Early Childhood Today: Besides the obvious benefits of exercise, what else do young children gain from outdoor play?
Eric Strickland, Ph.D.: Young children have more opportunities for extensive gross-motor movement outdoors-with lots of vigor and lots of noise!-as well as for social, physical, and cognitive development as they act on their environment and see what kinds of outcomes their physical actions produce. There are also opportunities for emotional development as children test their limits and challenge themselves to try things that may be just at the edge of their reach. Their success leads to feelings of accomplishment and positive self-esteem.
ECT: Why don't we allow children to spend more time outdoors?
Strickland: I think part of the problem is the belief that being inside offers more opportunity for "academic" learning. The thinking here is that children can learn more inside, and that isn't the case. You can have story time outside, block play, small- and large-manipulative play, and so on. It doesn't make sense to separate outdoor time from indoor time and treat one as learning time and one as play time. We build indoor curriculum around playful interaction with equipment and materials. We can do this in the outdoor environment just as easily-- perhaps better because we're exposing children to sunshine, fresh air, and a richer textural world.
ECT: Do young children behave differently with each other when they're outdoors?
Strickland: Boys tend to engage in more sociodramatic play outdoors than indoors. That's a wonderful vehicle for developing an understanding of social norms and behaviors and for children to develop both creative and expressive language. The outdoor environment also allows boys who are more physical to assume leadership roles and perhaps get more positive affirmation than they do inside. When girls engage in dramatic play outdoors, they tend to take on more assertive roles and their socio-dramatic play tends to be more physically expressive. We're not trying to homogenize boys and girls, but we do want to encourage in every child a full-range of natural expression.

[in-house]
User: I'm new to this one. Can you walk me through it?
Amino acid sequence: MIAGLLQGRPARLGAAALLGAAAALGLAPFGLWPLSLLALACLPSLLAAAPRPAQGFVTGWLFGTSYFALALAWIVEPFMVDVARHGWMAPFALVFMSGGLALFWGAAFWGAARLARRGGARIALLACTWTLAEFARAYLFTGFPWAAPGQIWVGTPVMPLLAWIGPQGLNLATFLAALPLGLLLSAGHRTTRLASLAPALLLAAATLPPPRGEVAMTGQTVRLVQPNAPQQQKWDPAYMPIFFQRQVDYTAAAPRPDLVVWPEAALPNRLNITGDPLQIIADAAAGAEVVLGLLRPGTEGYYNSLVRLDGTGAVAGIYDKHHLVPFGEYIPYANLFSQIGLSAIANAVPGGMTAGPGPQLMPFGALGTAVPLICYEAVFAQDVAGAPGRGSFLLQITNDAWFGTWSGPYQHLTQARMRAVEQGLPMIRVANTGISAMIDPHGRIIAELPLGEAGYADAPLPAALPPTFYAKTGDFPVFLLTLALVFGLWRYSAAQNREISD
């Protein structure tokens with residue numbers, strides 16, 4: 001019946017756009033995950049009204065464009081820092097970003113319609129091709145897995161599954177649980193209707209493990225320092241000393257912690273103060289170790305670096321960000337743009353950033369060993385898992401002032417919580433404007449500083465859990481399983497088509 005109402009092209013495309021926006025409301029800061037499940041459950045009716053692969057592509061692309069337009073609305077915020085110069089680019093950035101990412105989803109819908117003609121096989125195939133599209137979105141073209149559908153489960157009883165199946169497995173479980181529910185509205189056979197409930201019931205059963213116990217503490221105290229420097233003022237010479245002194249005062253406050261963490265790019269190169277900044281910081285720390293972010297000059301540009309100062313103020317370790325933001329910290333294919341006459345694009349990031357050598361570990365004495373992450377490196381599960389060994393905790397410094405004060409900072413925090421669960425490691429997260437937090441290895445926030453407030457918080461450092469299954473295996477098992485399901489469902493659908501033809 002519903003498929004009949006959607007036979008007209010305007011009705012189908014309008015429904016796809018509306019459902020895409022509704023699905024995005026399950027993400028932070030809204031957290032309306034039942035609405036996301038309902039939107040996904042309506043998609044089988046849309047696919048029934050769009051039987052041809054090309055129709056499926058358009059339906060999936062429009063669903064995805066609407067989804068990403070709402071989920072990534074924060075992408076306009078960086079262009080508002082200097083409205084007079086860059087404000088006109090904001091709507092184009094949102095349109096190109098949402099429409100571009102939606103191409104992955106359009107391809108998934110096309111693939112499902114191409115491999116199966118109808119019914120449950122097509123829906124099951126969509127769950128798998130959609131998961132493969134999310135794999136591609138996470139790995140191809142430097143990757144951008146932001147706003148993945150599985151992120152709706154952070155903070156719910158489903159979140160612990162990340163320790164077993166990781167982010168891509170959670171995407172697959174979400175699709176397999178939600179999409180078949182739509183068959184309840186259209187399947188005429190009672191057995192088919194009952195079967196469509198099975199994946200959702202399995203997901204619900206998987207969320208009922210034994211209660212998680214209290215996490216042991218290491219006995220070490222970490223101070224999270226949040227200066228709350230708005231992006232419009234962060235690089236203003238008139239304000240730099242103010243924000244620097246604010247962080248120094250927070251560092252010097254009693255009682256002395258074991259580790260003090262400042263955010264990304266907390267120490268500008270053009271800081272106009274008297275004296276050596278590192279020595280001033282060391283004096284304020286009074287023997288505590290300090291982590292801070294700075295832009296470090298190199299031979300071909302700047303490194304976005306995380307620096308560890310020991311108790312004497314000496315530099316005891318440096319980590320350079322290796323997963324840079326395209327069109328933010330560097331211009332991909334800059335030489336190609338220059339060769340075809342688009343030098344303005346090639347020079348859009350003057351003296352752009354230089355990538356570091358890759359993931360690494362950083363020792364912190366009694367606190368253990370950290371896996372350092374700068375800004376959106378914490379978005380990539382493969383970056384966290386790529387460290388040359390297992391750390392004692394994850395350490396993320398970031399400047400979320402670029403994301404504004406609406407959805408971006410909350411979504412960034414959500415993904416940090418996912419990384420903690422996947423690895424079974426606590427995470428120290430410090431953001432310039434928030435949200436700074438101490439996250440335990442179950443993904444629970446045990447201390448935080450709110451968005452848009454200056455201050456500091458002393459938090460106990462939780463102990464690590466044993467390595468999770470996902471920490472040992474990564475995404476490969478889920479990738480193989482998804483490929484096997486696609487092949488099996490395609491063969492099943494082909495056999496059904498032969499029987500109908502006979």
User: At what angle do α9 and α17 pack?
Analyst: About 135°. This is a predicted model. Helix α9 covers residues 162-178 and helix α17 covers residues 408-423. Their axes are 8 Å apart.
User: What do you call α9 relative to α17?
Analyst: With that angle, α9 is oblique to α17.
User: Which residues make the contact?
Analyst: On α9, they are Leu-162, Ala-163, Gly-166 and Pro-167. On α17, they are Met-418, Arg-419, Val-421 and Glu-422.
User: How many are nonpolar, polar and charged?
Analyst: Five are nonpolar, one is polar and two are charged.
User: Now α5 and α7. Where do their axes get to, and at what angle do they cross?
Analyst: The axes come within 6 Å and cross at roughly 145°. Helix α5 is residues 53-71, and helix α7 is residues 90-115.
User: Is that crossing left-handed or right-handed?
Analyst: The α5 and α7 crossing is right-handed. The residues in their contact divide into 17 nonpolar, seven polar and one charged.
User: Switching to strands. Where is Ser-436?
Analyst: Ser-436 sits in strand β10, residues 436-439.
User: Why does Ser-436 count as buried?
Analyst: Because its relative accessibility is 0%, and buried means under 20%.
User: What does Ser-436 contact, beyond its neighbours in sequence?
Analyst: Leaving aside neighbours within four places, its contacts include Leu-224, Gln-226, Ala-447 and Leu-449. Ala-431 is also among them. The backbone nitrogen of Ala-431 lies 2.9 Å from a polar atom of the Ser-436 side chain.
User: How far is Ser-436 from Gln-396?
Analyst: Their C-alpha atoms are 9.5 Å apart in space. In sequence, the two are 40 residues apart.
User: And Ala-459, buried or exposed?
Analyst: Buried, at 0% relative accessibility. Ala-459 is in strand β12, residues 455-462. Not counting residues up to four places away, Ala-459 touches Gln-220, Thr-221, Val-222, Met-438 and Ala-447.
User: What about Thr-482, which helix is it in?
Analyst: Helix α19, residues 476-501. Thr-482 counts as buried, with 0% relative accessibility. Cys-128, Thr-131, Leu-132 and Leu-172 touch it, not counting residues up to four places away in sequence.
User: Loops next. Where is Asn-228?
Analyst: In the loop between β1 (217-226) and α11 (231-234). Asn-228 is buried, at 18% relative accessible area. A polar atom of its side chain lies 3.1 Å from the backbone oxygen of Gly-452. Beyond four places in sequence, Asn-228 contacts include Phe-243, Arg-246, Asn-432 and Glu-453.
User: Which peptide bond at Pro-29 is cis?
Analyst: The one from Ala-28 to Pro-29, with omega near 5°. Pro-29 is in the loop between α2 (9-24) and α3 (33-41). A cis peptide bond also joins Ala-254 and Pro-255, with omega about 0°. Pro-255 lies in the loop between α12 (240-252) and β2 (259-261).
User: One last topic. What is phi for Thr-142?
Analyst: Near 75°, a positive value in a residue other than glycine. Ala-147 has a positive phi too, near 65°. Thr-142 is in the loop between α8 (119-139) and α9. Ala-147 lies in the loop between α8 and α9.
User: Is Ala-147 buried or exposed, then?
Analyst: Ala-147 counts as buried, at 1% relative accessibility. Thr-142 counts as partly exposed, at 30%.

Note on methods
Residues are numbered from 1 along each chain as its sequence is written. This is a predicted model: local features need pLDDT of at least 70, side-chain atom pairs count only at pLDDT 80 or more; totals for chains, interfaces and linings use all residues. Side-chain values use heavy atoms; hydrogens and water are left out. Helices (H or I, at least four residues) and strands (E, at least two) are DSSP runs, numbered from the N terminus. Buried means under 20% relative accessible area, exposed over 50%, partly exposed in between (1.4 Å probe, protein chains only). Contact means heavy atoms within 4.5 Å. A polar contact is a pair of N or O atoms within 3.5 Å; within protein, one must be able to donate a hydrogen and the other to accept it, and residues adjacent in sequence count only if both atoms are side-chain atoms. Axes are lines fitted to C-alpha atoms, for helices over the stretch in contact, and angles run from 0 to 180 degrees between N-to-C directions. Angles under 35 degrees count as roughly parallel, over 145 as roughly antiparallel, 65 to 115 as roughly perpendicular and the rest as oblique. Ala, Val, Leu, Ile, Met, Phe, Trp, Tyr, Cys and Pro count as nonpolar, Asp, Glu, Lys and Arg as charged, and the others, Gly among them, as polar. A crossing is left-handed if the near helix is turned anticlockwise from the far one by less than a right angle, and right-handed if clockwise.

ECT: What are the most important milestones in gross-motor development in the early years?
Strickland: Children are developing their sense of balance, coordination, strength, and agility. Let's look at children as individuals. We want each child, at whatever developmental stage, to have enough strength to do the tasks that he is attempting to do, whether he's a 12-month-old who's starting to walk or a 4-year-old who's trying to use an overhead ladder. We need to look at those internally driven tasks that children are trying to do and find ways to support and encourage those skills as they emerge.
ECT: Can you tell our readers specifically what they can do to make sure those skills are developed?
Strickland: We need to be sure our outdoor environments support gross-motor development and encourage children to take the next steps. Teachers need to affirm what children do accomplish with positive comments. All of this calls for sensitive observation of children at play and a strong understanding of general developmental principles.
ECT: What other reminders can you give us about outdoor play for our readers?
Strickland: You know, in our country we still lack faith in children's own developmental timetables. There are children who are really good at play and pretending and digging in the sand. And whether we, as adults, recognize it or not, they are right on schedule developmentally. These children may not be ready for formal or "academic" schooling, but they are really good at learning-they just need to learn in different ways. Remember, there really is a push for development within every child, and that push propels children forward in life. We must find ways to support that forward motion while recognizing and respecting individual differences.
Eric Strickland, Ph.D., is a former early childhood teacher, director, and associate professor of elementary and early childhood education. He is founder and president of Grounds for Play.